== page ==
The Complaint Department

Fifty years ago Minneapolis launched a program to stamp out discrimination. Now many of the dream's supporters doubt the city's civil-rights agencies are equal to the task.

Two years earlier White had been publicly chastised by the mayor for employing family members. Now, before commissioners cast their votes for new officers, a subcommittee warned that it would be "inappropriate" for Reid to chair the body, "because of the appearance of either a conflict of interest or collusion between family." In the end, Anita Urvina Selin was the only nominee for chair. Hooker was chosen as vice chair.

White's deputy, Fenton Hyacinthe, was present at the meeting, and afterward he penned an angry letter to the commissioners, criticizing the way Reid's candidacy was handled and deeming the subcommittee's opinion "a total ambush." Petty politics, Hyacinthe charged, were overshadowing important issues such as "educating the public, working on speeding up the hearing process, and preparing annual reports to the director of civil rights, the mayor, and the city council, just to name a few."

Hyacinthe is the domestic partner of one of White's (and Reid's) sisters.

A member of White's support staff, Joanne Martinez, had been attending commission meetings to take notes. Another department staffer had been acting as a liaison for the two agencies. Following the election White instructed Martinez to stop going to commission meetings. The unexplained change perplexed the commissioners, Hooker says; Martinez was a valuable resource for them, as well as a symbol of the department's support for the commission's efforts. (Though the two entities are technically independent of one another--the department investigates civil-rights complaints, the commission decides their fate--the department controls the commission's funding and support staff.)

In late April Hooker sent Martinez an e-mail lamenting her reassignment, which many commissioners interpreted as hostile. "Unfortunately," he wrote, "trust is getting to be a tenuous word to use regarding the department." The e-mail found its way to White, who responded with a three-page memo explaining that Martinez's reassignment was a workload-related decision and denouncing Hooker's letter as a string of "inflammatory statements" aimed at being divisive. "[I] question your ability to be objective and serve as a commissioner," the executive director wrote.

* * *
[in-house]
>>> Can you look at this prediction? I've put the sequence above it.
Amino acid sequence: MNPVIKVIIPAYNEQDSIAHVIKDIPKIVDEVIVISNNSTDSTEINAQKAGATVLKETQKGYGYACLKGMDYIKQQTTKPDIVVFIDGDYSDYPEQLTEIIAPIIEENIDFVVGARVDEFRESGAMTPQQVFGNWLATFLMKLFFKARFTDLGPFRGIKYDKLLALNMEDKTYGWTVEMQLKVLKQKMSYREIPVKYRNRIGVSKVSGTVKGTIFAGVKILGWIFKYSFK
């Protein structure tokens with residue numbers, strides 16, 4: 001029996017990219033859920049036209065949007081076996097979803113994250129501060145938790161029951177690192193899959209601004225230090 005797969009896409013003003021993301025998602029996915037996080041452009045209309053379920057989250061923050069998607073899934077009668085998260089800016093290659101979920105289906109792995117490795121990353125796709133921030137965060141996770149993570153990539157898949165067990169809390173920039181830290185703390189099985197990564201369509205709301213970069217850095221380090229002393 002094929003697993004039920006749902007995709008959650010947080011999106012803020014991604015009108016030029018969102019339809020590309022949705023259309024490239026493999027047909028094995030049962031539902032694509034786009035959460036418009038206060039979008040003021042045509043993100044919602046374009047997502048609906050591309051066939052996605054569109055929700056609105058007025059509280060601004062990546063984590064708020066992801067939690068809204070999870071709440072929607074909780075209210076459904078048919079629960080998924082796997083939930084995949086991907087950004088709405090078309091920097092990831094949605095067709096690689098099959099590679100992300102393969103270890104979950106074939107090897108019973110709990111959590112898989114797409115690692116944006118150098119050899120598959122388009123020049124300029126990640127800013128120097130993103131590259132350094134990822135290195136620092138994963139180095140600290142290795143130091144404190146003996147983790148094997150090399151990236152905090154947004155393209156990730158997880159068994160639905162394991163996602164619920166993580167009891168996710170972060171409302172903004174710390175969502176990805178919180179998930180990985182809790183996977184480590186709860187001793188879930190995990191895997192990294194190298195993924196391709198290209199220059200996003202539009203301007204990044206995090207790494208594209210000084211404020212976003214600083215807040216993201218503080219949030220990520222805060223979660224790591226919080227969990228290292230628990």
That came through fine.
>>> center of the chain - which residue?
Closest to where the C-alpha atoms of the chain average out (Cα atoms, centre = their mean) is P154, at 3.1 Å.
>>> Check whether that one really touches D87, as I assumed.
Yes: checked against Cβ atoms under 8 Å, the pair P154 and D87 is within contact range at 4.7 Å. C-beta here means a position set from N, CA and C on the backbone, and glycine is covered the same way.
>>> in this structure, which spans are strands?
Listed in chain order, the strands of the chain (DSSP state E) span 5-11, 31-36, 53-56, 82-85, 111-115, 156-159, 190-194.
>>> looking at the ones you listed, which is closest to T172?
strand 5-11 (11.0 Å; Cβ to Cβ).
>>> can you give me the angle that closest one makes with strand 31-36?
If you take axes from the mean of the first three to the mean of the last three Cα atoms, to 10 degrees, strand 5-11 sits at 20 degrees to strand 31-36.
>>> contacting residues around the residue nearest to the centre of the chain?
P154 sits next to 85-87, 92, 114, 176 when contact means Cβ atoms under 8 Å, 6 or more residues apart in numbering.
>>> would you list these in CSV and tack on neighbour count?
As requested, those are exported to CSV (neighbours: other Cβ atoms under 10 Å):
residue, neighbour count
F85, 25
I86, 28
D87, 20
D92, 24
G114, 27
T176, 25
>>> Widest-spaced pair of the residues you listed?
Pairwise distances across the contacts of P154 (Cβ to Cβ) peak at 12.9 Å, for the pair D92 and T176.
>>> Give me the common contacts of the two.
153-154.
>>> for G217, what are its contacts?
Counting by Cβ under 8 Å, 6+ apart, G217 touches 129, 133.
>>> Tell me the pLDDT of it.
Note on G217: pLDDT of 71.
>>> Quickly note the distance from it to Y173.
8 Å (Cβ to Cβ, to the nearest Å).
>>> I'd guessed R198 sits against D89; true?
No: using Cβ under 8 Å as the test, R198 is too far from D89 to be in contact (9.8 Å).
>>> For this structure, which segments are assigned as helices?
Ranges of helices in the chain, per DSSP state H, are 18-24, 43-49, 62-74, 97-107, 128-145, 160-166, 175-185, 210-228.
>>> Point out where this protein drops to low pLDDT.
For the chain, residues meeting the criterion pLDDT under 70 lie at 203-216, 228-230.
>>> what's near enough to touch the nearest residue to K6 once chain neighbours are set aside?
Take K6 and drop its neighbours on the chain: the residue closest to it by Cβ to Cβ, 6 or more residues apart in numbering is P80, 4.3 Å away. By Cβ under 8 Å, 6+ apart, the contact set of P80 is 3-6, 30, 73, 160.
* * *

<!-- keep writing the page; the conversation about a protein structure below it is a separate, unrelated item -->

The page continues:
Hooker quit in May. "In his memo, Mr. White states that his commitment to civil rights is genuine," he wrote in a resignation letter addressed to his fellow commissioners, White, and the mayor and city council. "Of that I do not doubt. I also believe that there are 21 men and women whose commitment is equally genuine. They work full-time jobs, care for their families and then devote whatever spare time they may have to serve the city as commissioners. They receive no fame, no ornate office, and no city pay other than a $35 fee per meeting...."

After announcing his decision, Hooker received an e-mail from the mayor. "I would hope that I have the opportunity to talk to you before accepting your resignation," Sayles Belton wrote, adding that someone from her office would contact him to set up an appointment. A month went by before he heard anything. A meeting was finally set for July 26, but the mayor's staff canceled at the last minute and has yet to reschedule. (Sayles Belton says that her ever-changing schedule prevented her from following through on the meeting.)

The day after Hooker resigned, another commissioner, attorney Steven Lieske, also stepped down. Lieske says he had recently joined a large law firm and figured he couldn't spare the time. But in his letter of resignation he wrote that he too was "saddened and angered by the politics and poor relations between the commission and the department."

Since Hooker and Lieske departed, another four commissioners have announced that they too will be leaving.

White maintains that there is no communication problem in his agency. "We have always indicated to the commission, 'If there's anything you need, let us know,'" he says. "I don't remember anything that the commission has needed that we have not provided."

On July l7, when the volunteers convened for their monthly meeting, hand-wringing was the order of the day. Members pondered whether the commission should continue to exist, and whether, at the very least, it should retain a consultant to study possible reforms. The idea of employing independent hearing examiners was also raised. Commissioner Apur Patel lamented the recent turnover. "In all this turmoil, we've lost a lot of people," he said. "I don't think we know where we're going with this body. We need to first cauterize the bleeding."

When Patel's fellow commissioner Lisa Albrecht suggested an all-day retreat, another colleague opined that the agency's members ought to consider calling for public input instead. In the end nothing was decided. Albrecht offered a motion that the commission "sponsor an event to help us reconfigure ourselves." The matter was directed to the commission's executive committee, which is to come up with a recommendation and present it at the commission's August 21 meeting.

Late in the July meeting, Albrecht turned to Larry Warren, a lawyer in the Minneapolis City Attorney's Office who keeps tabs on civil rights activities. Irritated, Albrecht asked Warren about a request the commission had gotten from his office in the wake of the Plasma Alliance case: The attorneys wanted to know how frequently the commission's rulings are overturned. She feared the request was "politically motivated," Albrecht complained.

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